4. ^ The mother of Amr's eldest son Abd Allah was named Rayta or Hind, the daughter of a certain Munabbih ibn al-Hajjaj. She fought alongside Amr and the Qurayshites against the Islamic prophet Muhammad at the Battle of Uhud in 625.[95][96] She later embraced Islam with a group of Qurayshite women in the presence of Muhammad after the conquest of Mecca in 629/30.[97]
  5. ^ Specific dates cited for Amr's death by the Muslim traditional historians include Eid al-Fitr 43 AH/January 664[123] and March 664.[1]

ReferencesEdit

  1. ^ a b c d e Foss 2009, p. 3.
  2. ^ a b c d e f g h Wensinck 1960, p. 451.
  3. ^ Lecker 1989, pp. 24–25.
  4. ^ Lecker 1989, pp. 25–26.
  5. ^ Lecker 1989, p. 25.
  6. ^ a b c Raisuddin 1981, p. 277.
  7. ^ a b Lecker 1987, p. 25.
  8. ^ a b Lecker 1989, p. 27.
  9. ^ Lecker 1989, pp. 27, 33.
  10. ^ Donner 1981, p. 67.
  11. ^ Donner 1981, pp. 65, 101–102.
  12. ^ a b Donner 1981, p. 102.
  13. ^ a b c Donner 1981, p. 104.
  14. ^ a b Lecker 1989, p. 28.
  15. ^ a b Lecker 1989, p. 28, note 34.
  16. ^ Lecker 1989, pp. 27–28.
  17. ^ Donner 1981, pp. 104–105.
  18. ^ Donner 1981, p. 111.
  19. ^ Donner 1981, p. 114.
  20. ^ a b c Donner 1981, p. 115.
  21. ^ Kennedy 2007, p. 73.
  22. ^ Donner 1981, pp. 118–119.
  23. ^ a b c Sourdel 1965, p. 910.
  24. ^ Donner 1981, p. 129.
  25. ^ Sourdel 1965, pp. 910–911.
  26. ^ Donner 1981, p. 153.
  27. ^ Donner 1981, p. 136.
  28. ^ a b c Donner 1981, p. 130.
  29. ^ Donner 1981, p. 137.
  30. ^ Donner 1981, p. 131.
  31. ^ Donner 1981, pp. 131–132.
  32. ^ Kennedy 2007, p. 96.
  33. ^ Donner 1981, pp. 133–135.
  34. ^ a b Sourdel 1965, p. 911.
  35. ^ a b Donner 1981, p. 151.
  36. ^ Kennedy 2007, pp. 91–92.
  37. ^ a b Lecker 1989, p. 30, note 61.
  38. ^ Kennedy 2007, p. 88.
  39. ^ a b c d e f g h i Christides 1993, p. 153.
  40. ^ Madelung 1997, pp. 61–62.
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  42. ^ a b Christides 1993, p. 154.
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  45. ^ Bruning 2018, p. 27.
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  49. ^ Bruning 2018, p. 43.
  50. ^ Christides 1993, pp. 155.
  51. ^ a b c d e Christides 1993, p. 156.
  52. ^ a b c d e Christides 2000, p. 212.
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  54. ^ Kennedy 2004, p. 67.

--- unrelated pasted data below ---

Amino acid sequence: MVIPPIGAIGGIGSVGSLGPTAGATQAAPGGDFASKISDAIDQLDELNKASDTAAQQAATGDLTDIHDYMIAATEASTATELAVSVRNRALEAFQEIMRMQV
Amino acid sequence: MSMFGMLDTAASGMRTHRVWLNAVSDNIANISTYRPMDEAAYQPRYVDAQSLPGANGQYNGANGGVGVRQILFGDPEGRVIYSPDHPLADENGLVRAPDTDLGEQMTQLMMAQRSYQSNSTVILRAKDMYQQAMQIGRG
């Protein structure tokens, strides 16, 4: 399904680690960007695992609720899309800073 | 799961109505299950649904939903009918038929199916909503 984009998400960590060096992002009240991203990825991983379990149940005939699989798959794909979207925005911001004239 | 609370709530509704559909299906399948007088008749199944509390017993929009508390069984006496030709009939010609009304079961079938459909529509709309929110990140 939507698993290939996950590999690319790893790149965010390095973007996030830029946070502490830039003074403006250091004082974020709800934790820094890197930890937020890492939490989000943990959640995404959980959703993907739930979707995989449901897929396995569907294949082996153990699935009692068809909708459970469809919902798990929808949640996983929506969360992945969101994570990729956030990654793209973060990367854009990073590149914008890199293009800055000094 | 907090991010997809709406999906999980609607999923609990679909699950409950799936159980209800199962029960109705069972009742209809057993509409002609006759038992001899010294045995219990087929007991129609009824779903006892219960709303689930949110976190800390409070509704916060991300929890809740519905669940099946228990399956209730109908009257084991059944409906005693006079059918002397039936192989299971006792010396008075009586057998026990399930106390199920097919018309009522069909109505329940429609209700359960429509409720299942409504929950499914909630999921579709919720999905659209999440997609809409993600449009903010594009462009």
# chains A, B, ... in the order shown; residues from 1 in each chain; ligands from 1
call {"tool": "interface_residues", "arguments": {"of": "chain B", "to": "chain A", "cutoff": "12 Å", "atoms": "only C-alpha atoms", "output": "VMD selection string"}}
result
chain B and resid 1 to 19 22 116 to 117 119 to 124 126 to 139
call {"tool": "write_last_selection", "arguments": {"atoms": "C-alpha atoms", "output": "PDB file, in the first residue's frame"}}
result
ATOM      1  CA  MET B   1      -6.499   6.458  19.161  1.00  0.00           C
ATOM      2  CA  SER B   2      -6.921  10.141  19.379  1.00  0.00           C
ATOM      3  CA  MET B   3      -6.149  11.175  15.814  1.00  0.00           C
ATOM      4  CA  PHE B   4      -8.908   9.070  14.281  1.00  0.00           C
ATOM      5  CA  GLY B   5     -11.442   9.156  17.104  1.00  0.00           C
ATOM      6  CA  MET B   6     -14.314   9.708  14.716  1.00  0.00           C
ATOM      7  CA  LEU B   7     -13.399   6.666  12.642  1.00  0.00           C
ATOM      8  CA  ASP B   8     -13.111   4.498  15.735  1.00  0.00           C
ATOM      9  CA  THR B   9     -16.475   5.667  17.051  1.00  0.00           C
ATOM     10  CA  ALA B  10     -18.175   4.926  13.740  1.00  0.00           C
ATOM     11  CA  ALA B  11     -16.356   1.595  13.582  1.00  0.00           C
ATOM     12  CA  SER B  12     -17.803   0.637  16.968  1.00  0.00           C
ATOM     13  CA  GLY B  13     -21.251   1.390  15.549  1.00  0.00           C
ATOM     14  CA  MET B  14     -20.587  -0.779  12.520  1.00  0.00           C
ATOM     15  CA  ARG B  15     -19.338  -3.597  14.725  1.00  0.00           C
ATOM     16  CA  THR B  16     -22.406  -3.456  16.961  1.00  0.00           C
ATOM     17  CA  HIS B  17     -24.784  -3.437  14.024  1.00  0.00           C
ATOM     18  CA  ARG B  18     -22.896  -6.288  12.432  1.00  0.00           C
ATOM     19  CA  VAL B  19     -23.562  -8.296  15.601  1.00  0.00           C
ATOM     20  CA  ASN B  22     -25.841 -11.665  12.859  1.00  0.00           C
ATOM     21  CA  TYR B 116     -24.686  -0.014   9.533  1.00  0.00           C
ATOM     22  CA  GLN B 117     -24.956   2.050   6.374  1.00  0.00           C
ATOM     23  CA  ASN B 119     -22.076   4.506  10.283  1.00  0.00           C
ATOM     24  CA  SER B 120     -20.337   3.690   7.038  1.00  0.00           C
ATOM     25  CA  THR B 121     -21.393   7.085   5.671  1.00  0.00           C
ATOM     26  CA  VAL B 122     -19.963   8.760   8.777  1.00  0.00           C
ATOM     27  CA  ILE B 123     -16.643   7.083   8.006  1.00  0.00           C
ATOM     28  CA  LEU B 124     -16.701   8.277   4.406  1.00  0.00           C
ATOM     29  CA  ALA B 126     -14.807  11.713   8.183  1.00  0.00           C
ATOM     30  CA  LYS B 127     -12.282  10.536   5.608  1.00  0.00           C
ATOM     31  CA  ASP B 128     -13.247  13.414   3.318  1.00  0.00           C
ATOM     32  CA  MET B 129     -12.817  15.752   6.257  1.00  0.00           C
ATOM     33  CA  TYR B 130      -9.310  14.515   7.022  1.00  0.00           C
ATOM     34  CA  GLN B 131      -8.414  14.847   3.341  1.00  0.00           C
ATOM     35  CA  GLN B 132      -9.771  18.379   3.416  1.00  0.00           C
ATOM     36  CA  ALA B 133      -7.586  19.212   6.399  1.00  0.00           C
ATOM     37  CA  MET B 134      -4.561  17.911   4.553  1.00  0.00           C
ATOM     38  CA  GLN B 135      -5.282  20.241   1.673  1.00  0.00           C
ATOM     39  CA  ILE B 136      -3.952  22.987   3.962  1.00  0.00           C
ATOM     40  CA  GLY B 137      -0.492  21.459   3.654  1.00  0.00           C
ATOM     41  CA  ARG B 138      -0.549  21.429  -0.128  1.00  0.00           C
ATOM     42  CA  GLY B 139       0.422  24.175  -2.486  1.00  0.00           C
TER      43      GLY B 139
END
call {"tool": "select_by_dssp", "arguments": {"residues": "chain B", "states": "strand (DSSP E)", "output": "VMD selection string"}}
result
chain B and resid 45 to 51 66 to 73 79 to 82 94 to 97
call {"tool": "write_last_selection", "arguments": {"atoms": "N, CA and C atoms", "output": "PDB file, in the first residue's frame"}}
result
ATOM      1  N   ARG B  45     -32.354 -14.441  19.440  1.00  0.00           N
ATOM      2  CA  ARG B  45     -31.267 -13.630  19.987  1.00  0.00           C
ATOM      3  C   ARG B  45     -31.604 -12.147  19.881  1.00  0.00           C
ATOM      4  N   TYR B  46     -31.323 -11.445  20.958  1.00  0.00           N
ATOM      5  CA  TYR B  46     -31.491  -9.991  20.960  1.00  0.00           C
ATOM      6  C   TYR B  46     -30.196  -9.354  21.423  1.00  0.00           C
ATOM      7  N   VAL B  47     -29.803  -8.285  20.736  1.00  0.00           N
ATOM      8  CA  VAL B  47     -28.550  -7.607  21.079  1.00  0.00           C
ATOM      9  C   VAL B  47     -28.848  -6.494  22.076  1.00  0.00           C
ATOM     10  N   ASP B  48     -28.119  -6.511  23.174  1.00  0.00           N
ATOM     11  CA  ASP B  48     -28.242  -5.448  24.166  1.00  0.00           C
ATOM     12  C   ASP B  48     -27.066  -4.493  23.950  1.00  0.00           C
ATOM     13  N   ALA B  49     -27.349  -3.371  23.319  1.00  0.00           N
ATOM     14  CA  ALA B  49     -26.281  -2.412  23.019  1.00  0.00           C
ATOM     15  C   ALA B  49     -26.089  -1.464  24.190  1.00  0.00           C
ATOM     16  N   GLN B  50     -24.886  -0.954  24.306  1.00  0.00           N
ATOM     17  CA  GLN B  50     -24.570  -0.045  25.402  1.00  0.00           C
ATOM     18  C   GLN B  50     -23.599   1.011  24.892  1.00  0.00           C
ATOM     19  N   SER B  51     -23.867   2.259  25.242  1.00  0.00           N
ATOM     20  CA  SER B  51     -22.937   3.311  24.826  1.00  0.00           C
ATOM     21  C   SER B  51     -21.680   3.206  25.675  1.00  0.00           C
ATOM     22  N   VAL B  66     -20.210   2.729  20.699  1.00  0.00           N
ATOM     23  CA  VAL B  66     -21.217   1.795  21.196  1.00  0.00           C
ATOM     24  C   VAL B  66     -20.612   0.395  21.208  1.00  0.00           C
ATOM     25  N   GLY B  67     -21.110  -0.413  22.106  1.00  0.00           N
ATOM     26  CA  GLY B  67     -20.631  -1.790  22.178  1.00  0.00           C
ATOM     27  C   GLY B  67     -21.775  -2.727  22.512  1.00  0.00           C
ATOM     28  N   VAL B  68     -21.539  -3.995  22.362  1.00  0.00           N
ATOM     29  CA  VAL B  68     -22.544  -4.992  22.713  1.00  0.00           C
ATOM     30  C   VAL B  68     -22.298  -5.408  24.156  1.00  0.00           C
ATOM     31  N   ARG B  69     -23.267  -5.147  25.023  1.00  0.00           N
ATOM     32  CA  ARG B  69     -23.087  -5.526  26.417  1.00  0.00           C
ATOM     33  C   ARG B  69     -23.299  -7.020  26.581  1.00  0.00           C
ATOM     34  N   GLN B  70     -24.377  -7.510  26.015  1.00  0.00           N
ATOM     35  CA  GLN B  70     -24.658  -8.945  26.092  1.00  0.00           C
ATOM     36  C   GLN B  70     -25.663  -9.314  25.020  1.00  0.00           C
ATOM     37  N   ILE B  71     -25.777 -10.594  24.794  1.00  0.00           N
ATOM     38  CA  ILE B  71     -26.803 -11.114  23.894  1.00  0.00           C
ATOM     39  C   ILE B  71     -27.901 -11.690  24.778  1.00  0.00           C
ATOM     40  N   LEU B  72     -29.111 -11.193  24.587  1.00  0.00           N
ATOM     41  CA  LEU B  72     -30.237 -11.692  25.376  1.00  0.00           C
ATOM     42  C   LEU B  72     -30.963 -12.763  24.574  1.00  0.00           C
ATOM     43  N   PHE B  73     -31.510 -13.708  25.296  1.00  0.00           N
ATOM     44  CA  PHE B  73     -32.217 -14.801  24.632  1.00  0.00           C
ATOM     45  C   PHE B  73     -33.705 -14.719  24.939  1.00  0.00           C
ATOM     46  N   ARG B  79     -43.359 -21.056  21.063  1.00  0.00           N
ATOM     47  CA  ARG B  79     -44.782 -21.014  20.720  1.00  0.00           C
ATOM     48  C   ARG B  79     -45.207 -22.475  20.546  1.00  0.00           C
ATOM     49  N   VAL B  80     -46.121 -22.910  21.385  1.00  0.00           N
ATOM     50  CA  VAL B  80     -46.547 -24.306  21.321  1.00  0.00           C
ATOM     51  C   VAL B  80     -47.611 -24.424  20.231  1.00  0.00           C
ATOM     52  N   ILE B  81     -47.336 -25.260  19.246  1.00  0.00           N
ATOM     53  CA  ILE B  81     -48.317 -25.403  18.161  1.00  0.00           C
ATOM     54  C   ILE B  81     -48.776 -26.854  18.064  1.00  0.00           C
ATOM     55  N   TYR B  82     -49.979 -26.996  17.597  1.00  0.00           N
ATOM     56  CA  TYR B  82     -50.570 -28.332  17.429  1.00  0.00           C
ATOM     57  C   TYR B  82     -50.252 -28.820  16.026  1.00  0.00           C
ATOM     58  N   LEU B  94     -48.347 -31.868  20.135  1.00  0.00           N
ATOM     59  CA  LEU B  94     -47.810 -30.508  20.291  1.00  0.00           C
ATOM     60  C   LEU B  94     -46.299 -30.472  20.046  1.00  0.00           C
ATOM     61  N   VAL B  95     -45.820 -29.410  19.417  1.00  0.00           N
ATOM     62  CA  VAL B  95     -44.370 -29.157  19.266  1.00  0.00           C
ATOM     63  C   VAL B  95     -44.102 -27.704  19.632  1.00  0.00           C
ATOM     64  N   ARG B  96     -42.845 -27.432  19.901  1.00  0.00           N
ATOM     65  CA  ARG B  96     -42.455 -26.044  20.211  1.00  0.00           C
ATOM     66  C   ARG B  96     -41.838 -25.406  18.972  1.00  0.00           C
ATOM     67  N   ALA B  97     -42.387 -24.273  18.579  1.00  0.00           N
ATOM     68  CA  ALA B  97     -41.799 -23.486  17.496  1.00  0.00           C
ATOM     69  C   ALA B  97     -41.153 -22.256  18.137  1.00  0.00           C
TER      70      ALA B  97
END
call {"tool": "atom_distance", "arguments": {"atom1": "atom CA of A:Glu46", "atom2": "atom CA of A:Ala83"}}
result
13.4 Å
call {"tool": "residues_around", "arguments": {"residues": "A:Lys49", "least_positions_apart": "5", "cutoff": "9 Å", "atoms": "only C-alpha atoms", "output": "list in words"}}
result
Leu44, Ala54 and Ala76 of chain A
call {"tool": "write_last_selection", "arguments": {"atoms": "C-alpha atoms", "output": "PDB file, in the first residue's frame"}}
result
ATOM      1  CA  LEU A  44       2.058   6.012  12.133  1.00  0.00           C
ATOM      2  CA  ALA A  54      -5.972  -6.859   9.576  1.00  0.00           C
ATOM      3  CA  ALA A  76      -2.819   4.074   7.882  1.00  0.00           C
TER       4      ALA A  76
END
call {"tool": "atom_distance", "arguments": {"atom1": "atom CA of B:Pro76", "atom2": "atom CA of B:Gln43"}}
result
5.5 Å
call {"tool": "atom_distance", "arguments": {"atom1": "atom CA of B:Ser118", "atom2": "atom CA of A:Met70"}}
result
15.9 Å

55. ^ a b c d e Foss 2009, p. 268.
  56. ^ a b Bruning 2018, p. 24.
  57. ^ Bruning 2018, p. 24, note 10.
  58. ^ Akbar 1989, p. 26.
  59. ^ a b Scanlon 1968, p. 188.
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  64. ^ Akbar 1989, pp. 26–27.
  65. ^ Akbar 1989, p. 27.
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  67. ^ Bruning 2018, p. 33, note 56.
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  74. ^ a b c Hinds 1972, p. 453.
  75. ^ a b Kennedy 2007, p. 163.
  76. ^ a b Kennedy 2007, p. 164.
  77. ^ Kennedy 2004, p. 69.
  78. ^ Madelung 1997, pp. 62, 112 note 163.
  79. ^ Lecker 1989, p. 29.
  80. ^ a b Lecker 1989, p. 29, note 49.
  81. ^ a b c Kennedy 2004, p. 74.
  82. ^ Hinds 1972, pp. 453–454.
  83. ^ Hinds 1972, p. 454.
  84. ^ Madelung 1997, p. 90.
  85. ^ Madelung 1997, p. 91.
  86. ^ Madelung 1997, pp. 91–92.
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  88. ^ Lecker 1989, pp. 31–32, 36.
  89. ^ Lecker 1989, pp. 32–33.
  90. ^ Lecker 1989, p. 36.
  91. ^ Blakely 2010, p. 217.
  92. ^ Blakely 2010, pp. 211, 213, 217.
  93. ^ Lecker 1989, p. 37.
  94. ^ Lecker 1989, pp. 31–32, 37.
  95. ^ McDonald 1987, p. 107.
  96. ^ Faizer 2011, p. 101.
  97. ^ Faizer 2011, p. 418.
  98. ^ Lecker 1989, pp. 31–32.
  99. ^ Madelung 1997, p. 186.
  100. ^ a b Madelung 1997, p. 187.
  101. ^ Madelung 1997, p. 152.
  102. ^ Madelung 1997, p. 185.
  103. ^ Madelung 1997, pp. 186–187.
  104. ^ a b c d Madelung 1997, p. 196.
  105. ^ Madelung 1997, p. 197.
  106. ^ a b Kennedy 2004, p. 78.
  107. ^ a b Madelung 1997, p. 224.
  108. ^ Madelung 1997, p. 225–226.
  109. ^ Madelung 1997, p. 226–227.
  110. ^ Madelung 1997, p. 227.
  111. ^ Madelung 1997, p. 237.
  112. ^ Lecker 1997, p. 554.
  113. ^ a b Madelung 1997, p. 238.
  114. ^ Madelung 1997, pp. 242–243.
  115. ^ Kennedy 2004, pp. 78–79.
  116. ^ Madelung 1997, pp. 254–255.
  117. ^ Madelung 1997, p. 256.
  118. ^ Madelung 1997, p. 257.
  119. ^ Madelung 1997, pp. 257, 258 note 440.
  120. ^ Wellhausen 1927, pp. 95–96.
  121. ^ Kennedy 1998, pp. 68–69.
  122. ^ Wellhausen 1927, p. 96.
  123. ^ a b c d e f Kennedy 1998, p. 69.
  124. ^ Madelung 1997, p. 267.
  125. ^ Hawting 1996, p. 157.
  126. ^ Kennedy 2004, pp. 80, 83.
  127. ^ a b Hawting 1996, pp. 223–224.
  128. ^ Lecker 1989, p. 29, note 50.
  129. ^ a b c d e f g h i Kennedy 2007, p. 165.
  130. ^ Kennedy 2007, pp. 139–140.
  131. ^ Lecker 1989, p. 31.
  132. ^ a b Elad 2016, pp. 156–157.

BibliographyEdit

Preceded by
Muhammad ibn Abi Bakr
Governor of Egypt
658–664
Succeeded by
Utba ibn Abi Sufyan
New title Governor of Egypt
640–646
Succeeded by
Abd Allah ibn Abi Sarh